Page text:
Crafting preservation plan doesn’t end with passage

Paul Clinton

CIVIC CENTER -- Far from ending the challenge, the passage of the

Burbank Historic Preservation Plan merely sets the stage for much work to

come, supporter’s of the historic measure said this week.


The Burbank City Council unanimously approved the plan Nov. 23, but

its authors said they have a tough road ahead in crafting a detailed city

policy that provides both for the restoration and identification of

historic properties.


Craig Bullock, chairman of the Burbank Historical Commission and the

driving force behind the 34-page document, said the six-point plan is

only a blueprint.

“The heritage commission now goes into putting the nuts and bolts into

the plan,” Bullock said. “It’s certainly a tremendous undertaking.”

Though the plan has generally received approval by preservationists

and Realtors, there has been some skepticism about it’s most ambitious



In the coming months, Bullock said he will work with city officials,

the owners of historic properties, Realtors and others to add detail to

the plan. Bullock said it will likely be six months before he returns to

the council with some of that detail in place and longer before the

entire plan is complete.

With its unanimous approval, the council accepted, in principal, the

Mills Act, a 1972 federal law that offers tax breaks to property owners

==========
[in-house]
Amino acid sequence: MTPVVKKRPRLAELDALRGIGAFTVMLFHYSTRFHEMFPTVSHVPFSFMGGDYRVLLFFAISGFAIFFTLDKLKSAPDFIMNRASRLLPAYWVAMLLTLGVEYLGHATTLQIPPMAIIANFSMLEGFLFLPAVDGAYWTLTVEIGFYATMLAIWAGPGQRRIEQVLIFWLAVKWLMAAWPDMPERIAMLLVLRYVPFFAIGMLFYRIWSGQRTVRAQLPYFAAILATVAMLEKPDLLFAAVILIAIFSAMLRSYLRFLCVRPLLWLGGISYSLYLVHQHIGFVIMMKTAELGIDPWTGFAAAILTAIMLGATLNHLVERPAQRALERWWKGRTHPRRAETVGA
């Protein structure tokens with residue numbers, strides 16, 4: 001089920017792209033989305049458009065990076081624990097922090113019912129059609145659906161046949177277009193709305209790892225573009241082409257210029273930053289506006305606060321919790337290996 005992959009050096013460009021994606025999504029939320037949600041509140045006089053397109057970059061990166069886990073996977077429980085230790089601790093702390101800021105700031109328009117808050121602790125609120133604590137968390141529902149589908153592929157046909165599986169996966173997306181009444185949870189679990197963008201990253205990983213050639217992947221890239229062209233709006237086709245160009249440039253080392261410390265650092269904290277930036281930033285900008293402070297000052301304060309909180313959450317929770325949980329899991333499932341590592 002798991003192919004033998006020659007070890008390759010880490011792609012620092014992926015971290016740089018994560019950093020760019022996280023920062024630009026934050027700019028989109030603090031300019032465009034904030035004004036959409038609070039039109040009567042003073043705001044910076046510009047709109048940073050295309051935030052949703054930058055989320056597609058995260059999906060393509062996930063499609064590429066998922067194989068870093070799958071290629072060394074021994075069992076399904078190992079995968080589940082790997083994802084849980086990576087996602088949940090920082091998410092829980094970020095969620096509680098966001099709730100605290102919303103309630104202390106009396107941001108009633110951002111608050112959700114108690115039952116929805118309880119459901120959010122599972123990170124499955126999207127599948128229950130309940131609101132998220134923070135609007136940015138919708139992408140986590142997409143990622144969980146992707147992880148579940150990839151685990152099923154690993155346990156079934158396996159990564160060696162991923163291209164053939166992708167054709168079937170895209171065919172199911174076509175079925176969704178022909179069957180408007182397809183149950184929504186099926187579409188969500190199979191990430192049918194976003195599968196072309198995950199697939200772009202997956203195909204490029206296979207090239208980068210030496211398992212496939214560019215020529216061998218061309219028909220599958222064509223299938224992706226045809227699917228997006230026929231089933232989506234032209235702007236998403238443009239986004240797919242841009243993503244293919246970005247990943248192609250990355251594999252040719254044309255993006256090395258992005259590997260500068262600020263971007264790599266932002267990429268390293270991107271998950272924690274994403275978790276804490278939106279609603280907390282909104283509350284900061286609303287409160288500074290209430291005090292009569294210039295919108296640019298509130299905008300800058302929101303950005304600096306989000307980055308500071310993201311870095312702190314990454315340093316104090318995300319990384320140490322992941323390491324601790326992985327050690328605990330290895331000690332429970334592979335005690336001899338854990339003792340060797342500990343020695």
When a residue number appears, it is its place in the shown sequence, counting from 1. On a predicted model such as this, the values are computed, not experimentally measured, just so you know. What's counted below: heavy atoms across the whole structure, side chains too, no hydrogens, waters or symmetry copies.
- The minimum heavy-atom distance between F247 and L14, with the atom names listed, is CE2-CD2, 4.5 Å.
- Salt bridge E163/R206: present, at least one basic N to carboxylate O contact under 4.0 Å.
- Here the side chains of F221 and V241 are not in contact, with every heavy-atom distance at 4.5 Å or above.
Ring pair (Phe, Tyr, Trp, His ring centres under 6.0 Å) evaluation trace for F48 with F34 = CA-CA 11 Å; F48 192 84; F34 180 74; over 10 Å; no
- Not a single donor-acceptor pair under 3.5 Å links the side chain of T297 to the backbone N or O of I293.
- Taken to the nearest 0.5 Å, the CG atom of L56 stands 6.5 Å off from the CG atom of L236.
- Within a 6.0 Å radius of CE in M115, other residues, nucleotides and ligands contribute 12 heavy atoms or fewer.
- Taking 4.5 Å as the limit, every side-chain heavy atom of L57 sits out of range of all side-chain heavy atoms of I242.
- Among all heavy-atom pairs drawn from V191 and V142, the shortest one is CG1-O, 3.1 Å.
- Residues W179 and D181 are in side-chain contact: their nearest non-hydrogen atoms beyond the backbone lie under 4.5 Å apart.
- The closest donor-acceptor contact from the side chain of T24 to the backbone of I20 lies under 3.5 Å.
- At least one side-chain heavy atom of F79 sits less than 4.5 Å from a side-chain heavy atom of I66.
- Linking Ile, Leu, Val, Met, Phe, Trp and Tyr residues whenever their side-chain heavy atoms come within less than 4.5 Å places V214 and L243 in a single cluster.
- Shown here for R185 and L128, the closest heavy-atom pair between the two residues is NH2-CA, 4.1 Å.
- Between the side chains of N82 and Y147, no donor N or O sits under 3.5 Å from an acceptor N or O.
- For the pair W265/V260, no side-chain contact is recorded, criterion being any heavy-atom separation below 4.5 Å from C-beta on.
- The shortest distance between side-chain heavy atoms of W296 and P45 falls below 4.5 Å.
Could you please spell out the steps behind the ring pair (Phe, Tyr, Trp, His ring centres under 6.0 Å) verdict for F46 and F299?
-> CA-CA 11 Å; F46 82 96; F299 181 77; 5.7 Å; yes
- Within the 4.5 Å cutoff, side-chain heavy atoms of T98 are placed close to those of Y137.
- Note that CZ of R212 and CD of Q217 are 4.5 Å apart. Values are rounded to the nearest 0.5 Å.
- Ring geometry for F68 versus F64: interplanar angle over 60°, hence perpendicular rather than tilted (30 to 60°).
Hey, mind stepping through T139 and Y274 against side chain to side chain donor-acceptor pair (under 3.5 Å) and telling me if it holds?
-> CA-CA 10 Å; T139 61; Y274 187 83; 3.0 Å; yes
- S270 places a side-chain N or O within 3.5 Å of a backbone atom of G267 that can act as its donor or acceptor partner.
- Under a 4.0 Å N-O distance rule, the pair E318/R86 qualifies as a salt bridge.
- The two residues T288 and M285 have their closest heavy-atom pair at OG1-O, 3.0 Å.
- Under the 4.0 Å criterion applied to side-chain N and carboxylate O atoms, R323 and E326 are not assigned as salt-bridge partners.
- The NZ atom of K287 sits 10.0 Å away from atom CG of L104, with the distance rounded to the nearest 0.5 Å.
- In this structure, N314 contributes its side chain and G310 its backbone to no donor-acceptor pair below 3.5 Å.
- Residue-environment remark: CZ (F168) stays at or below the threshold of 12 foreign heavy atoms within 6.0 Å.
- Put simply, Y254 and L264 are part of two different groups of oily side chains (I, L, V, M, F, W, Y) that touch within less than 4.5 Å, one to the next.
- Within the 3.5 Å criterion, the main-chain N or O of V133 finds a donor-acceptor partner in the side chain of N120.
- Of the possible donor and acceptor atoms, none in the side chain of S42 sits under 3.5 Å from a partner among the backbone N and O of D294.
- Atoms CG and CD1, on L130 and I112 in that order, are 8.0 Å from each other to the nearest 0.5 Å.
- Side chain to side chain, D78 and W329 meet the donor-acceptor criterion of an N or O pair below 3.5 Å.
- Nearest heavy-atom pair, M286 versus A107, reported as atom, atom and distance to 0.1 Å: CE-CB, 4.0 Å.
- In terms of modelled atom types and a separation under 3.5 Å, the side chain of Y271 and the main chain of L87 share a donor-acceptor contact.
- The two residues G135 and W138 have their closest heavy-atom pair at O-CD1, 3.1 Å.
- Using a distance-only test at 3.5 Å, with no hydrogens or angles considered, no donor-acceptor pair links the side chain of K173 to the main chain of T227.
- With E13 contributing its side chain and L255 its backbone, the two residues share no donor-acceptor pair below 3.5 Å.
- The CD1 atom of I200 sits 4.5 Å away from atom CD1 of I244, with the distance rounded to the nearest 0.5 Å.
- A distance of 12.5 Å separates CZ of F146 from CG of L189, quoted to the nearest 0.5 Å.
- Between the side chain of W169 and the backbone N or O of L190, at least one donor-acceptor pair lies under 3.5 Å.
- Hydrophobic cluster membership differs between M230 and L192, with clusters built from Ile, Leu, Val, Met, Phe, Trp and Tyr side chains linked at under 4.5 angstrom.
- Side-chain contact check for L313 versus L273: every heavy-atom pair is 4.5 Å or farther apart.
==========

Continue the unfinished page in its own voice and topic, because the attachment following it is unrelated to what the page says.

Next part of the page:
as an incentive for restoring their classic buildings.


Part of Bullock’s challenge is drafting a plan that both protects the

commercial value of the property for owners, as well as honors it as


Many owners of historic properties are weary of excess restrictions if

they take federal money for a restoration, said Giacinta Koontz, director

of the Portal of Folded Wings, a nationally recognized landmark at the

Valhalla Memorial Park and Mortuary.

“It’s a balance because you have the owners on one hand being afraid

and on the other hand they are looking for help from the government,”

Koontz said.

The preservation plan also puts the Burbank Heritage Commission in a

higher-profile role as an advisor on redevelopment projects that involve

properties with historic value.

One of the more controversial elements of the plan asks the city to

revise an ordinance requiring the commission to get permission from

owners of historic places before they can research the property.

“I don’t think people should have the prerogative of inspecting the

property without the owner’s permission,” said Wayne Schulze, president

of the Burbank Association of Realtors. However, Schulze agreed that

properties should be identified if they have historical value.

The plan also seeks to establish a city register that would list

historic properties in Burbank. Bullock said he modeled the idea on the

National Register of Historic Places. The list will initially include the

four National Register properties in the city but will be expanded to

include other landmarks as well.

Historic registers can raise a building’s profile in historic circles,

Koontz said.

“Tourists come here because they see it on a list,” Koontz said. “It

creates awareness.”


Valhalla Memorial Rotunda: 3900 Valhalla Drive, constructed in 1924.

Burbank Post Office, Downtown Station: 125 E. Olive Ave., built in


City Hall: 275 E. Olive Ave., built in 1941.

Bob’s Big Boy Restaurant: 4211 Riverside Drive, built in 1949.